Note: This is an archived Handbook entry from 2016.
|Dates & Locations:|| |
This subject has the following teaching availabilities in 2016:Semester 1, Parkville - Taught on campus.
Timetable can be viewed here. For information about these dates, click here.
|Time Commitment:||Contact Hours: 24 contact hours: A 2-hour seminar per week for 12 weeks. |
Total Time Commitment:
Total of 170 hours
|Recommended Background Knowledge:|| |
Criminology at Undergraduate level
|Non Allowed Subjects:||None|
|Core Participation Requirements:||
For the purposes of considering request for Reasonable Adjustments under the disability Standards for Education (Cwth 2005), and Students Experiencing Academic Disadvantage Policy, academic requirements for this subject are articulated in the Subject Description, Subject Objectives, Generic Skills and Assessment Requirements of this entry.The University is dedicated to provide support to those with special requirements. Further details on the disability support scheme can be found at the Disability Liaison Unit website: http://www.services.unimelb.edu.au/disability/
CoordinatorDr Karen Gelb
This subject is about the ways in which the criminal justice system responds to crime. It examines the principles that judges and magistrates must consider when sentencing offenders and the role of judicial discretion in the sentencing process. The subject includes an examination of some of the more recent approaches to dealing with offenders that are available in Australia, such as the restorative justice and therapeutic jurisprudential practices used in problem-solving courts and alternative dispute resolution. The effectiveness of different sentencing options is considered, with a special focus on imprisonment and parole. Finally, the subject examines the research on public perceptions of sentencing, and considers the role of the public in sentencing policy and practice. At the end of this subject students should have a clear understanding of the principles and purposes of sentencing, an appreciation of the research literature on the effectiveness of different sentencing options and approaches, and a healthy skepticism of media representations of ‘lenient’ sentencing decisions.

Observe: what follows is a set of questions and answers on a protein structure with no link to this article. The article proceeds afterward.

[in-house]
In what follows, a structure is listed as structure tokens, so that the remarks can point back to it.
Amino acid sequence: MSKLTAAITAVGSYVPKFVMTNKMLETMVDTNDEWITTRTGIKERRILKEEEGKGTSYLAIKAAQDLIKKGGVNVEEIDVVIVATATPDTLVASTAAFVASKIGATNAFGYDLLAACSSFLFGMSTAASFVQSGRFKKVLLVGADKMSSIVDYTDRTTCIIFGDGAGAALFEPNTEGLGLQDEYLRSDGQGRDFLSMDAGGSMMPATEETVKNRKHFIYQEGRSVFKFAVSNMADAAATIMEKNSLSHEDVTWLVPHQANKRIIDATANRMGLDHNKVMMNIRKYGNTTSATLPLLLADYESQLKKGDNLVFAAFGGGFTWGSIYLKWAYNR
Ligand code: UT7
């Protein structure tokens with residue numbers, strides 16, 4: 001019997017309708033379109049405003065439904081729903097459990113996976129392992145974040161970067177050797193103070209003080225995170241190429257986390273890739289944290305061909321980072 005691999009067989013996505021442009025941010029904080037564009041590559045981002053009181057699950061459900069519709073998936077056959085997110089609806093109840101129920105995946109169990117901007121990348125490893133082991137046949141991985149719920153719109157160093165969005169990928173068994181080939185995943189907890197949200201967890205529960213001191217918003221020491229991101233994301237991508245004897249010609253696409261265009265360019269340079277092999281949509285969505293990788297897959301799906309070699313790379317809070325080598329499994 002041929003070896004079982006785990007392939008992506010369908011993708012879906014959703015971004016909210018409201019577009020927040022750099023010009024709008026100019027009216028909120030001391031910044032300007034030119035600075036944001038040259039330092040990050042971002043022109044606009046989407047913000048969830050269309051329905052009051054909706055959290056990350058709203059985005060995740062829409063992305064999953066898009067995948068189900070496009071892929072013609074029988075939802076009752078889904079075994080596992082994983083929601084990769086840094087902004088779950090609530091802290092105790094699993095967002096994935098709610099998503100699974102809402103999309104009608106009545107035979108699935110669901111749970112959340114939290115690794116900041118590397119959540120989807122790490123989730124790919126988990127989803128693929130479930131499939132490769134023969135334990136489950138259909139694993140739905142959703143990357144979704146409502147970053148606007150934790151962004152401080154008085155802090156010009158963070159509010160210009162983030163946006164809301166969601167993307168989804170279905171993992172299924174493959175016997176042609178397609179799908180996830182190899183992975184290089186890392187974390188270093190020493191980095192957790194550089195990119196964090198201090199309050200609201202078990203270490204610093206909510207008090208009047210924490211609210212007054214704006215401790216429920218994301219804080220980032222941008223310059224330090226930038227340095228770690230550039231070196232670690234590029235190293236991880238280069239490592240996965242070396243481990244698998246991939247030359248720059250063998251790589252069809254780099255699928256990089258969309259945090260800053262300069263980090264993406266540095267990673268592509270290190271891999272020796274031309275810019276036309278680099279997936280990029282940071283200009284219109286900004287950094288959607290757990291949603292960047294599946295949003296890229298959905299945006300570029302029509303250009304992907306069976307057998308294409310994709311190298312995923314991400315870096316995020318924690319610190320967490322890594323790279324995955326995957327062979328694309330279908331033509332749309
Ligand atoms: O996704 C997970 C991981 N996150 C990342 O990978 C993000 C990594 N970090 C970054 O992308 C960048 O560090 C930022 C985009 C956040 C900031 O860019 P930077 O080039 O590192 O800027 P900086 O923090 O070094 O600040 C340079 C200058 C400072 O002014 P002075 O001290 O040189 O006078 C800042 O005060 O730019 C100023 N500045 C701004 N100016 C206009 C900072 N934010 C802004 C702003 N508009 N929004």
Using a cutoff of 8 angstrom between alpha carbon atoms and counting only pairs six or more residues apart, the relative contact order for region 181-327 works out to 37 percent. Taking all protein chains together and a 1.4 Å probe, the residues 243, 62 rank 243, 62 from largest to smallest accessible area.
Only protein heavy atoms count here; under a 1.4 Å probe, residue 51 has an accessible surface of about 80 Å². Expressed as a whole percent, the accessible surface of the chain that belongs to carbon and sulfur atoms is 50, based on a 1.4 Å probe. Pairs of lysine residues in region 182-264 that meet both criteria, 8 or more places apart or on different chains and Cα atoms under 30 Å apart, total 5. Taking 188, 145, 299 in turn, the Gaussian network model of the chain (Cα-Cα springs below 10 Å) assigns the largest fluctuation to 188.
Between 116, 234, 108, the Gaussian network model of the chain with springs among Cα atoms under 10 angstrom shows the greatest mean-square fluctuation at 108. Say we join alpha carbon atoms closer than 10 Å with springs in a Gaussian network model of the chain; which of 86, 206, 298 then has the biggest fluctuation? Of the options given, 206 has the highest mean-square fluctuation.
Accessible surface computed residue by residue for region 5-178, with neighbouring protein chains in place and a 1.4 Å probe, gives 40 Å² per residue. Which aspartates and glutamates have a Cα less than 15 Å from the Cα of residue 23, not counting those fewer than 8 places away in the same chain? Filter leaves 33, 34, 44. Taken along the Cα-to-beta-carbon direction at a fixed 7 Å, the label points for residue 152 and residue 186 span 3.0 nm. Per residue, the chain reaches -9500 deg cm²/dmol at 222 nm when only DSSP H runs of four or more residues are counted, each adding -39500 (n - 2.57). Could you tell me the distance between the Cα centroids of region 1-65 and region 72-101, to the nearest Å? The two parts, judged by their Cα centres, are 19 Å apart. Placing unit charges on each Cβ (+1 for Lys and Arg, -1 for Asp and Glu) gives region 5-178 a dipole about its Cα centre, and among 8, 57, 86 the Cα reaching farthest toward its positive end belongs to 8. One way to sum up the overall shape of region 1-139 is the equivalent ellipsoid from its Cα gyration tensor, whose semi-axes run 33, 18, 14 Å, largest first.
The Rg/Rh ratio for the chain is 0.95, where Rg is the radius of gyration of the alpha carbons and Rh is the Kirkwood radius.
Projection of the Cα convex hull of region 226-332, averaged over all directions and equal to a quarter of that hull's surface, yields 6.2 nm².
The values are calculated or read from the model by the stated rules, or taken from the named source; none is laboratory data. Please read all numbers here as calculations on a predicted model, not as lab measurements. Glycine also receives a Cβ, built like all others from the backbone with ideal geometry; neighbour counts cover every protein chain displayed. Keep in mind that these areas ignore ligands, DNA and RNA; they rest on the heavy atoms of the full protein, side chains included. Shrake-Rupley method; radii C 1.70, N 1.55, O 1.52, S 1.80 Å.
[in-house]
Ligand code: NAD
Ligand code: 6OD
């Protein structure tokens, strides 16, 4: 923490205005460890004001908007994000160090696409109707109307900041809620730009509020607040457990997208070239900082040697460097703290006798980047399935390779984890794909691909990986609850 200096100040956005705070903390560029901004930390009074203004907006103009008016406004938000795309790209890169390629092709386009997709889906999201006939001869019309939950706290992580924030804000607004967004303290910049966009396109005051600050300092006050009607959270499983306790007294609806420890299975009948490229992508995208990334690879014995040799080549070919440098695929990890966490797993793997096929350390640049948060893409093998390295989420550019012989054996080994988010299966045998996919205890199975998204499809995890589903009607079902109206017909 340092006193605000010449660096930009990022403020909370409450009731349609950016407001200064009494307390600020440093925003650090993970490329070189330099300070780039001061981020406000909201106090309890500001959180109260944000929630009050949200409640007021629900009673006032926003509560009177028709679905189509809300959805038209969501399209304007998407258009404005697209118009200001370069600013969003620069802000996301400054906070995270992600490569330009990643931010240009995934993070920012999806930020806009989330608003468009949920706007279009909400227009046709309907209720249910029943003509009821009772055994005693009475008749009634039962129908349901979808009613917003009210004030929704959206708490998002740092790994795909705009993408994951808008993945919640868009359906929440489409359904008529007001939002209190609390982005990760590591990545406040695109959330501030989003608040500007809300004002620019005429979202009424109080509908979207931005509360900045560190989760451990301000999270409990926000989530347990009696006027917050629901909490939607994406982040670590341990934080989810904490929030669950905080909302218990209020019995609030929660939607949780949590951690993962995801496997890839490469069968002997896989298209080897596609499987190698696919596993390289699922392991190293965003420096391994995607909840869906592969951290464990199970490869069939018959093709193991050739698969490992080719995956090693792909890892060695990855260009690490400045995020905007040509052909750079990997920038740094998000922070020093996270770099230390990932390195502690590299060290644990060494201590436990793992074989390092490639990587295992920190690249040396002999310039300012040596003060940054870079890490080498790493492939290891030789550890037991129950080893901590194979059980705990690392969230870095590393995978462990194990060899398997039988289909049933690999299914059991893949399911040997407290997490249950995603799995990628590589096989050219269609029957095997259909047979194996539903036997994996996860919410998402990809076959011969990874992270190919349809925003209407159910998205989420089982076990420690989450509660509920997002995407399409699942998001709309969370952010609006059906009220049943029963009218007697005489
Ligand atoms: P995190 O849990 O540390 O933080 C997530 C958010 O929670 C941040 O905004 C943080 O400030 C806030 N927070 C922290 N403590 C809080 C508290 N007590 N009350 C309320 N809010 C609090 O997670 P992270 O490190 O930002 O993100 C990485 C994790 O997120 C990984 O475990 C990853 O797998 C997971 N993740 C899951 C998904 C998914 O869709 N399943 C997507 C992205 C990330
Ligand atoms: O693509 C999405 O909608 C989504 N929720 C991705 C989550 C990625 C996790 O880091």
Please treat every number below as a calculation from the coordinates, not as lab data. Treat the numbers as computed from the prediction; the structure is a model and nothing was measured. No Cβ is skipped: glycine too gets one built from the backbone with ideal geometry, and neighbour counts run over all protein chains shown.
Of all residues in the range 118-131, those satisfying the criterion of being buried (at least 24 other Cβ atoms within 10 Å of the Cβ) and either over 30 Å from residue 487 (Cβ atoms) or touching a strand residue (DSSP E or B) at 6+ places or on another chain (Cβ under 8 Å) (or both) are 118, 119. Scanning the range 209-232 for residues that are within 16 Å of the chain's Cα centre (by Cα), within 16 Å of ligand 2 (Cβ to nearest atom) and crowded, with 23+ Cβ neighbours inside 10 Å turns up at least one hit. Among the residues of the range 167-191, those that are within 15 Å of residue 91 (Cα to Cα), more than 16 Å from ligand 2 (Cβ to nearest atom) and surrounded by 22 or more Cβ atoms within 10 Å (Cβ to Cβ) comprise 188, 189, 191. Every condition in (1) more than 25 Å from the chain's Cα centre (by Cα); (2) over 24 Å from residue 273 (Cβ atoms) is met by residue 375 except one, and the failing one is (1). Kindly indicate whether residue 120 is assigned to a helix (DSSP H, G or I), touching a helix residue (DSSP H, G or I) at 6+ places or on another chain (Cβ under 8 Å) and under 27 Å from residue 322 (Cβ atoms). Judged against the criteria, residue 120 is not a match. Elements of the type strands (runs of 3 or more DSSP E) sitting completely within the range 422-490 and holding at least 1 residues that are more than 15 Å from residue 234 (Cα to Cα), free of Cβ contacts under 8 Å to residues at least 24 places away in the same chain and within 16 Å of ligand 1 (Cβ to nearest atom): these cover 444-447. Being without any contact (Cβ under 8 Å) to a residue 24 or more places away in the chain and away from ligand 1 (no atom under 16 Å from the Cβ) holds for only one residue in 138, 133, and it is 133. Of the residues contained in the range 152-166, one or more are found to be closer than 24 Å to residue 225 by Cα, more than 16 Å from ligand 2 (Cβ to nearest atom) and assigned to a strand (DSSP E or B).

On completion of this subject students should have:
Hurdle requirement: Students must attend a minimum of 80% of classes in order to pass this subject. All pieces of written work must be submitted to pass this subject.
|Prescribed Texts:|| |
A subject reader will be available through the LMS.
|Breadth Options:|| |
This subject is not available as a breadth subject.
|Fees Information:||Subject EFTSL, Level, Discipline & Census Date|
On completion of this subject students should:
100 Point Master of Criminology |
150 Point Master of Criminology
200 Point Master of Criminology
Graduate Certificate in Arts - Criminology
Graduate Diploma in Arts (Advanced) - Criminology
Graduate Diploma in Arts (Advanced) - Socio-Legal Studies
Graduate Diploma in Arts - Criminology
PD-ARTS Socio-Legal Studies
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